The wasp & the water carrier

by Martin Bull

Bristol Rovers do not have the best squad in League One.

Bristol Rovers may not even have one of the best 15 squads in League One.

However, our manager, Darrell Clarke, pulls us several places up the table, and just like Gerry Francis did, often has a knack of spotting how, where and when to best utilise a player.

Yes there are times when you do wonder what possessed him to send out THAT team at Charlton Athletic, and why it took so long to get an old fashioned alpha male centre back in the squad (and rather like waiting for a bus, it seems like two – Sweeney and Burn – have come along at once), but there are many days where he and his backroom staff can pull a tactical masterstroke out of the bag, such as giving Stuart Sinclair the ‘wasp at a picnic’ role against Swindon Town; a license to harass the hell out of the Barcelona football that our West Country cousins, 20th in the third tier, are world famous for.

There were large sections of that match where Sinclair was like the incongruous bearded angel on top of the 4-3-2-1 Christmas Tree formation, operating beyond even the strikers, hunting down the increasingly uncomfortable Swindon backline and their lackadaisical keeper.

Excuse my sarcasm and cynicism but if anyone says ‘at least Swindon tried to play proper football’ I will have to politely remove myself from the room, climb to the summit of the nearest mountain and scream at the top of my voice once I get there. It’s either that or I throttle someone.

Whilst I like to see attractive passing football, Swindon’s alleged version of it is exceptionally boring, and became increasingly comical. As Rovers put a basketball-style ‘full court press’ on them they could hardly get out of their back third – yet they refused to change strategy. Whilst the analysts ‘rules’ of football may decree that you can only score if you have the ball, surely the caveat should be that you can’t score from behind the half-way line, so a large amount of increasingly itchy possession in your own half is utterly inane, especially when losing and needing to create your own openings.

Football fans can probably forgive a manager for being totally out thought, as Luke Williams or whoever did their tactics was, but what they won’t accept is a complete refusal to then change, adapt and counteract the other team.

I’d much prefer to watch football the way we play, mixing it up with different styles, amending tactics when necessary, and playing fast and committed in all positions. Like a dog with three legs means we certainly make the most of what we’ve got. Give me a Lines surging run any day over a couple of little triangles, give me a crunching Ollie Clarke tackle and the athleticism of Leadbitter, Brown and Sinclair over some lightweight Chelsea loanees, and give me a moment of Bodin magic ahead of any probing ball that your new colleague will probably not anticipate.

A photo from the 2016 pre-season shows the Beard leading the players in what seems to be the traditional, and highly feared, pre-season long run, with his exquisite owl tattoo flitting and flying off his ultra-lean chest. Behind him is Daniel Leadbitter, the ex-400m athlete and the man generally considered to be the fastest at the club. That picture, and the Swindon performance, just about sums up the stamina and fitness of Sinclair.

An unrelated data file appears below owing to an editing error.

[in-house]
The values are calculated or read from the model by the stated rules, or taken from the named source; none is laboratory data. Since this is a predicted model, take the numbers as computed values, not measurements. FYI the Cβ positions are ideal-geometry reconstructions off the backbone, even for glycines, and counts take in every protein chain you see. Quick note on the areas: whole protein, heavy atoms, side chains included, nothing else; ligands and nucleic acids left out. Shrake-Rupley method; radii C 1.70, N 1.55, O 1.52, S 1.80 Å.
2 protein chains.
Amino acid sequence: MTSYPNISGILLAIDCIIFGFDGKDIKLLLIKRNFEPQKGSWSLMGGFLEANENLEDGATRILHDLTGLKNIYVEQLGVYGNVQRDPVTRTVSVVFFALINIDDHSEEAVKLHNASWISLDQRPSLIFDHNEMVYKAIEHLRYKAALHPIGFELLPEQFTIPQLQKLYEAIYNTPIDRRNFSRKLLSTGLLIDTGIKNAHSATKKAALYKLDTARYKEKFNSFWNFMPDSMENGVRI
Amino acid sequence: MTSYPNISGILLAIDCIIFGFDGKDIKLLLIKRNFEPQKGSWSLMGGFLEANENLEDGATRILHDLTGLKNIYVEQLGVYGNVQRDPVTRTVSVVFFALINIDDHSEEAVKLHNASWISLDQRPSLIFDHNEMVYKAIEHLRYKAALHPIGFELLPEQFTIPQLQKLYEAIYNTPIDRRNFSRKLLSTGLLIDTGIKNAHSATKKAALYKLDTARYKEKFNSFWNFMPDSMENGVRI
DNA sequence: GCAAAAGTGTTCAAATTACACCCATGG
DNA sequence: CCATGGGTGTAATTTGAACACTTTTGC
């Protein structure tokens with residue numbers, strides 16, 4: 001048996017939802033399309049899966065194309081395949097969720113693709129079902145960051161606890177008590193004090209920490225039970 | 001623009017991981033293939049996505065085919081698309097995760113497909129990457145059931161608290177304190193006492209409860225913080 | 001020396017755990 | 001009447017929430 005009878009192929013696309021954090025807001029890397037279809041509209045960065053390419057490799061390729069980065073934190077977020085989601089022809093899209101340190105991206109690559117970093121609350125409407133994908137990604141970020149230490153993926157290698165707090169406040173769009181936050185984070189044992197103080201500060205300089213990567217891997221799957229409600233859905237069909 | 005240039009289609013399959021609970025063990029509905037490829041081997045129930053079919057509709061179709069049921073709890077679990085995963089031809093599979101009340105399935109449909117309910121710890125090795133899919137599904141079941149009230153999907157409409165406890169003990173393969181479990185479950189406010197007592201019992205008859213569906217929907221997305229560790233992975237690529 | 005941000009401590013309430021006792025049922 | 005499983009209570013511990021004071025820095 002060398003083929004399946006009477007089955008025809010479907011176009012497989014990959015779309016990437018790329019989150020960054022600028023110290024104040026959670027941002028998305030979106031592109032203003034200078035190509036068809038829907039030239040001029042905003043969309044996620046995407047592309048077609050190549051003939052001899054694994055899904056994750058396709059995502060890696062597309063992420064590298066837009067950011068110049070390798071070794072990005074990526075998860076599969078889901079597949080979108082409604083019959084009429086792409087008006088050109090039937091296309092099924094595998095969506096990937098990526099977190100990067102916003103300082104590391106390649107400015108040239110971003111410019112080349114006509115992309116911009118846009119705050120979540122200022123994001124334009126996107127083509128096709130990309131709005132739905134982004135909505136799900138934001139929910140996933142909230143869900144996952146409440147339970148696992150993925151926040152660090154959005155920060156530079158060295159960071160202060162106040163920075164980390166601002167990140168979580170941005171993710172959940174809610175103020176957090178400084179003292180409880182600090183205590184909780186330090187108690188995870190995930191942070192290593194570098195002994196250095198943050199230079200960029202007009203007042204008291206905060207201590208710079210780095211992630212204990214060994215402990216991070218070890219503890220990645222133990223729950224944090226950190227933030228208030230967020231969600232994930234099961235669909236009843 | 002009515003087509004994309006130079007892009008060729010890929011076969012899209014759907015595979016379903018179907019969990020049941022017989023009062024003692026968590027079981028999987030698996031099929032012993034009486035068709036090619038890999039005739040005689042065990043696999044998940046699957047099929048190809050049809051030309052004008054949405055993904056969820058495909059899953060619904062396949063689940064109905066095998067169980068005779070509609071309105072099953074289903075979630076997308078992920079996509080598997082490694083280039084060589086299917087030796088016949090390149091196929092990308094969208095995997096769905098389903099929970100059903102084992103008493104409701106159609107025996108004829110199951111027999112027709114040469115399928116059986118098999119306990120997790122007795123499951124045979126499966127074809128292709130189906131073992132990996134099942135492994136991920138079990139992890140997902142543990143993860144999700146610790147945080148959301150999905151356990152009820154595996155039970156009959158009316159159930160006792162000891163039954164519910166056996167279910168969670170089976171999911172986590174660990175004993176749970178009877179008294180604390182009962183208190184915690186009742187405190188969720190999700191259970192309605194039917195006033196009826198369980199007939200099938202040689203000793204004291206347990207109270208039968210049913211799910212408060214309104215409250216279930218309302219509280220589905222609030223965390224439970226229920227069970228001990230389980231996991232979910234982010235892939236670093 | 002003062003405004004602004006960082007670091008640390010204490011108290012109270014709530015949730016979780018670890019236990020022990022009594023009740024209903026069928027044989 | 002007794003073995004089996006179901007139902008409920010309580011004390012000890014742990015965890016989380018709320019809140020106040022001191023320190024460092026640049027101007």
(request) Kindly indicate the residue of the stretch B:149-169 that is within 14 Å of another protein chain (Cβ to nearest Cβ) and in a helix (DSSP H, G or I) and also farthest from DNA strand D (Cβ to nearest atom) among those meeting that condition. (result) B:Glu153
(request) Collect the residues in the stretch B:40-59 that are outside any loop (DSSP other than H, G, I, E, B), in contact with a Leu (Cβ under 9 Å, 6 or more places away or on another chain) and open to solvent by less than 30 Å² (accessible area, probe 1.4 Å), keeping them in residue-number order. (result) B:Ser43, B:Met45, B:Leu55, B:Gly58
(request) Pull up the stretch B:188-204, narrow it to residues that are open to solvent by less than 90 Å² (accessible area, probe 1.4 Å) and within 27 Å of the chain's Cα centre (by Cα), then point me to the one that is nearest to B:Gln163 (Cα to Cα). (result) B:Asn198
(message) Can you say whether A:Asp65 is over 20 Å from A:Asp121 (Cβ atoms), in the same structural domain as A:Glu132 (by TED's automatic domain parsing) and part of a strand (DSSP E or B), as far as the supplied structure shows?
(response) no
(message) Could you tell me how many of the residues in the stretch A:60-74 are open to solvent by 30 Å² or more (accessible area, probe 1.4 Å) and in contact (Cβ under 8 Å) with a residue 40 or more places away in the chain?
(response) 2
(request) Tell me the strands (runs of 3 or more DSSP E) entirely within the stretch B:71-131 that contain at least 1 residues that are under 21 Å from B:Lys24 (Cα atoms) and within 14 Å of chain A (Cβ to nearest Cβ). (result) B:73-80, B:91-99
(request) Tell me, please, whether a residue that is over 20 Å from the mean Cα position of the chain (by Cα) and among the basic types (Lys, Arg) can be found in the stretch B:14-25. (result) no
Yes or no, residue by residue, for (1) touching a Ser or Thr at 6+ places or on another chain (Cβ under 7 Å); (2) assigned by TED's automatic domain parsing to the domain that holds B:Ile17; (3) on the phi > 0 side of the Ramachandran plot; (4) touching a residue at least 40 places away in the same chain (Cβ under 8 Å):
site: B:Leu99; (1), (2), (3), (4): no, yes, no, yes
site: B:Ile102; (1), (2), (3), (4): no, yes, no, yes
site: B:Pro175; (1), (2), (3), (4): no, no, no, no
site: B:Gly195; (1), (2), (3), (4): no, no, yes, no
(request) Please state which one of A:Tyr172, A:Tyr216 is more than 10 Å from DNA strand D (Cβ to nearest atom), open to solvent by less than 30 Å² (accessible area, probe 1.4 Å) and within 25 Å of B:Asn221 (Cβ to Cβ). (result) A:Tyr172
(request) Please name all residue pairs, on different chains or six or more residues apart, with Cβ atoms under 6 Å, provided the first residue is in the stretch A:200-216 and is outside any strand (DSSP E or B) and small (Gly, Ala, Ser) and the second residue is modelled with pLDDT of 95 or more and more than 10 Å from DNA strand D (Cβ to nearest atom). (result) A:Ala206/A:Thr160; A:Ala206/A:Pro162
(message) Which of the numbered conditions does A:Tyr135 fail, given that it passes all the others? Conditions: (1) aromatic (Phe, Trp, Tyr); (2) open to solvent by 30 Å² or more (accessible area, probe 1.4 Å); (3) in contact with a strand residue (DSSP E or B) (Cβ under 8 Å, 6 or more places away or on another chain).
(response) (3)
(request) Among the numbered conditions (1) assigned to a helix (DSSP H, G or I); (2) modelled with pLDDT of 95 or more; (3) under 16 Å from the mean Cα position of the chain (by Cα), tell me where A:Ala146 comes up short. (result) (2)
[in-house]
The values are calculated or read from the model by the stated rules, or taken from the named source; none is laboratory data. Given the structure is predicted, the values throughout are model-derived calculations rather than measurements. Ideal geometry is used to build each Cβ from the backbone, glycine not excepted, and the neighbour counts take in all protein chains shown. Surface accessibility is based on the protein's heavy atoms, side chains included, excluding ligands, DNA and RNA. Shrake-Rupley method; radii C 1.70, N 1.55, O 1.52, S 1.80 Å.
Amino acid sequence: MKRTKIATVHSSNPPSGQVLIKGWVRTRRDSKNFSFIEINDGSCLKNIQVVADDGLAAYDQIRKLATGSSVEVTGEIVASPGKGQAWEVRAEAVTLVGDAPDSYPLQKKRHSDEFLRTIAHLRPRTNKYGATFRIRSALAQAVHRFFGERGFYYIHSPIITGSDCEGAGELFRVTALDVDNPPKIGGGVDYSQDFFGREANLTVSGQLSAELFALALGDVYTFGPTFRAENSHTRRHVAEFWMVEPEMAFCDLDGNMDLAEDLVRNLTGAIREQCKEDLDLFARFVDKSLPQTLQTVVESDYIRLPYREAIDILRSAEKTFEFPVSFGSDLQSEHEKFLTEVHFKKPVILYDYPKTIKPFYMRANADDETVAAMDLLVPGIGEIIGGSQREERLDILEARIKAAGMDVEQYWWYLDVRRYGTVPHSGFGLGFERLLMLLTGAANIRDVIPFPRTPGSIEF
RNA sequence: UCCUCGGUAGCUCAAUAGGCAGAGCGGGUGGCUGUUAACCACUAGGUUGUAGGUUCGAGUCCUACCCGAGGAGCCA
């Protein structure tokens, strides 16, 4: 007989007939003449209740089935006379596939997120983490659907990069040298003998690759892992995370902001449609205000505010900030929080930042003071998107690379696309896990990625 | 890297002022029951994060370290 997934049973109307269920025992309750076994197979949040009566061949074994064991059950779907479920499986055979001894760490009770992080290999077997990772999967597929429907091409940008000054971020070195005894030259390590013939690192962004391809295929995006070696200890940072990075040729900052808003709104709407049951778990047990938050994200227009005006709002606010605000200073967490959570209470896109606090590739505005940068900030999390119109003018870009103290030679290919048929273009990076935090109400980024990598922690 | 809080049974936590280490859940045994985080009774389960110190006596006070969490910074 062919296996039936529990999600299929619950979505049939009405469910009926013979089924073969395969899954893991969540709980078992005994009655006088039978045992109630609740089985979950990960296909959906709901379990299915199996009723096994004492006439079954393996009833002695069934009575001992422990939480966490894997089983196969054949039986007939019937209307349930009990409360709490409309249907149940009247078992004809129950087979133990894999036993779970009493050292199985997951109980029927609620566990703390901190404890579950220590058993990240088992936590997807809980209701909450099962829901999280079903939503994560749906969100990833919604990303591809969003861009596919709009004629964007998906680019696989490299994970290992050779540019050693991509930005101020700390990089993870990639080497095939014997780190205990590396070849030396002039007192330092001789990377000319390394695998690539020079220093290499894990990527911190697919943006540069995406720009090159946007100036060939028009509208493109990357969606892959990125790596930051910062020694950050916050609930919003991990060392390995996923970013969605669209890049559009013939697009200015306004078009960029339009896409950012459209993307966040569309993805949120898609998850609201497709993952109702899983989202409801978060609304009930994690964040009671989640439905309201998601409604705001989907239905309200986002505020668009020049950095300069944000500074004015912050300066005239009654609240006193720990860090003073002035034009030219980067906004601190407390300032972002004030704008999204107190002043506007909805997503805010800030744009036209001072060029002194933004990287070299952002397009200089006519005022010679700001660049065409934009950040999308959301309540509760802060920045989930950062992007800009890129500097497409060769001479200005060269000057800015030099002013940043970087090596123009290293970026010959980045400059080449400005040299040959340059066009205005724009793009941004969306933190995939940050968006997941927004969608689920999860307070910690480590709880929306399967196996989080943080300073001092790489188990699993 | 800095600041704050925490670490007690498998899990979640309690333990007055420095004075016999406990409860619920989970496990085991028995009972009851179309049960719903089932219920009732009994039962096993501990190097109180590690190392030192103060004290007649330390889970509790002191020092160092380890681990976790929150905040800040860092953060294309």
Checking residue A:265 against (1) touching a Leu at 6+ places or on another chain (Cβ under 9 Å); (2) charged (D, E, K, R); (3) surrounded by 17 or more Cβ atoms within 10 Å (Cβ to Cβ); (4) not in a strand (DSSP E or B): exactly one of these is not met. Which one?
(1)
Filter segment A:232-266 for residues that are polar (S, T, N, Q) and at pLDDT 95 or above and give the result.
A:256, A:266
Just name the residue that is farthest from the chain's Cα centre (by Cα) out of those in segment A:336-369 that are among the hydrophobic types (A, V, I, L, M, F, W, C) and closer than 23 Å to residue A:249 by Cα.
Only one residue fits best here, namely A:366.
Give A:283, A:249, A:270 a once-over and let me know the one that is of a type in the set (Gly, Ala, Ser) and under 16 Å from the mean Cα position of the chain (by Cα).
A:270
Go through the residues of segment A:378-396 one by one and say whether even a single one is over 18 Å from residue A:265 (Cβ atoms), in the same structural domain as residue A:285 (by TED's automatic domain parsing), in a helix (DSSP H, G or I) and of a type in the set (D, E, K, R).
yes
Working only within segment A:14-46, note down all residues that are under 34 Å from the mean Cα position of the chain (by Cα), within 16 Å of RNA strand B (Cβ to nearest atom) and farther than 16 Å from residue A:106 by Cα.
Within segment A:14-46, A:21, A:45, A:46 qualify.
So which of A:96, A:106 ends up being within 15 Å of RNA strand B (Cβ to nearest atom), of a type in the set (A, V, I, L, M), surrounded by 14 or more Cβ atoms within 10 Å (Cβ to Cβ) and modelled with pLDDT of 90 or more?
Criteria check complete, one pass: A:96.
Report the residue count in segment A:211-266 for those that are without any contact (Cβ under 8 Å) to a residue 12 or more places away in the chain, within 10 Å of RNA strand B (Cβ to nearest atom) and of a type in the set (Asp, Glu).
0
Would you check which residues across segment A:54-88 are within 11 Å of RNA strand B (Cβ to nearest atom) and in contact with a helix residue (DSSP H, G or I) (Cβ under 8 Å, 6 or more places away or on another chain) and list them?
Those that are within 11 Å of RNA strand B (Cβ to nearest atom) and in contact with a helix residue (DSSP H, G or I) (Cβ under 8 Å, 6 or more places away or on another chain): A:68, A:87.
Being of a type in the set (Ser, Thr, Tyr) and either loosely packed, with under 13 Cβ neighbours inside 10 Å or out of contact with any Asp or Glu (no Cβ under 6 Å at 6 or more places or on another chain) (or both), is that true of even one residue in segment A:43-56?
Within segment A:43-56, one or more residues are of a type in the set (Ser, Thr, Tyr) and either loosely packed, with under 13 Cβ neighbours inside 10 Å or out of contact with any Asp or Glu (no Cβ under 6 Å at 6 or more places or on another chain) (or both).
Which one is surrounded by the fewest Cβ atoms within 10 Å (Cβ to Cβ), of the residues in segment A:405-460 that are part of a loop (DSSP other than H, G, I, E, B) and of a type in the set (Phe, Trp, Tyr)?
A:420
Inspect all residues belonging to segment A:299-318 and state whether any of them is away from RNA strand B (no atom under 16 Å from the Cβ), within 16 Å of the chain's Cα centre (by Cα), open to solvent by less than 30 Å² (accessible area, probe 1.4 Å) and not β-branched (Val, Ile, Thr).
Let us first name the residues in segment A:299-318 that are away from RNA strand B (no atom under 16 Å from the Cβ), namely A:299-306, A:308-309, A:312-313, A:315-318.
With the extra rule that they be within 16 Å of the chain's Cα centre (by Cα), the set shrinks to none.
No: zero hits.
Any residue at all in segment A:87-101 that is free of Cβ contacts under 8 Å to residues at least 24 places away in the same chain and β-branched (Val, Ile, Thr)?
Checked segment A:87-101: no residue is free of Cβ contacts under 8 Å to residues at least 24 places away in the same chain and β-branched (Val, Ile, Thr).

I’m not suggesting that we need ten Sinclair’s out there, but I do get despondent when people can’t recognise that we often need a Sinclair or two in the team doing a role they are TOLD to play. A football game is a performance just like an actors is, and sometimes supporters need to try to divorce the vision of the footballer themselves from the role they are asked to play on the green grass for the good of the team. When I sent this view to my brother he said it reminded him of people who used to confront John Altman (who played ‘Nasty’ Nick Cotton in Eastenders) on the tube and tell him what a vile man he is.

In this era when infantile footballers like Dmitri Payet and Leonardo Ulloa go ‘on strike’ to force a move that is purely in their interests surely the team loyalty and conformity that Sinclair shows is extremely positive and should be quietly celebrated.

I used to snigger along with Eric Cantona when hearing of his derision of Didier Deschamps as the ‘water carrier’, but as I’ve developed I no longer do. Balance is vital to football teams and finding that balance for different games is a real art, so comparing Sinclair to Lines just because they are both midfielders is meaningless, just as comparing an elephant to a pigeon would be just because they are both grey and possess a tail.

And as for wasps at a picnic? Well, I just usually put up a sign that reads ‘No wasps allowed’. It works for me.

Martin Bull became a Gashead in 1989 and immediately fell in love with Twerton Park, standing near G pillar. Three of his seven books have been about Bristol Rovers. ‘Away The Gas’ is packed full of over 50 years of ‘I was there’ away game moments, all written by fans, ‘Print That Season! – One man’s weekly meanderings throughout Bristol Rovers’ promotion campaign of 2014-15’ is the antidote to obedient season reviews, with none of the hindsight that most writers rely on, and ‘Double Darrell’ is similar, but chronicles the 2015-16 promotion, and is even better.

Full details of all are available at www.awaythegas.org.uk

Leave a Reply

Your email address will not be published. Required fields are marked *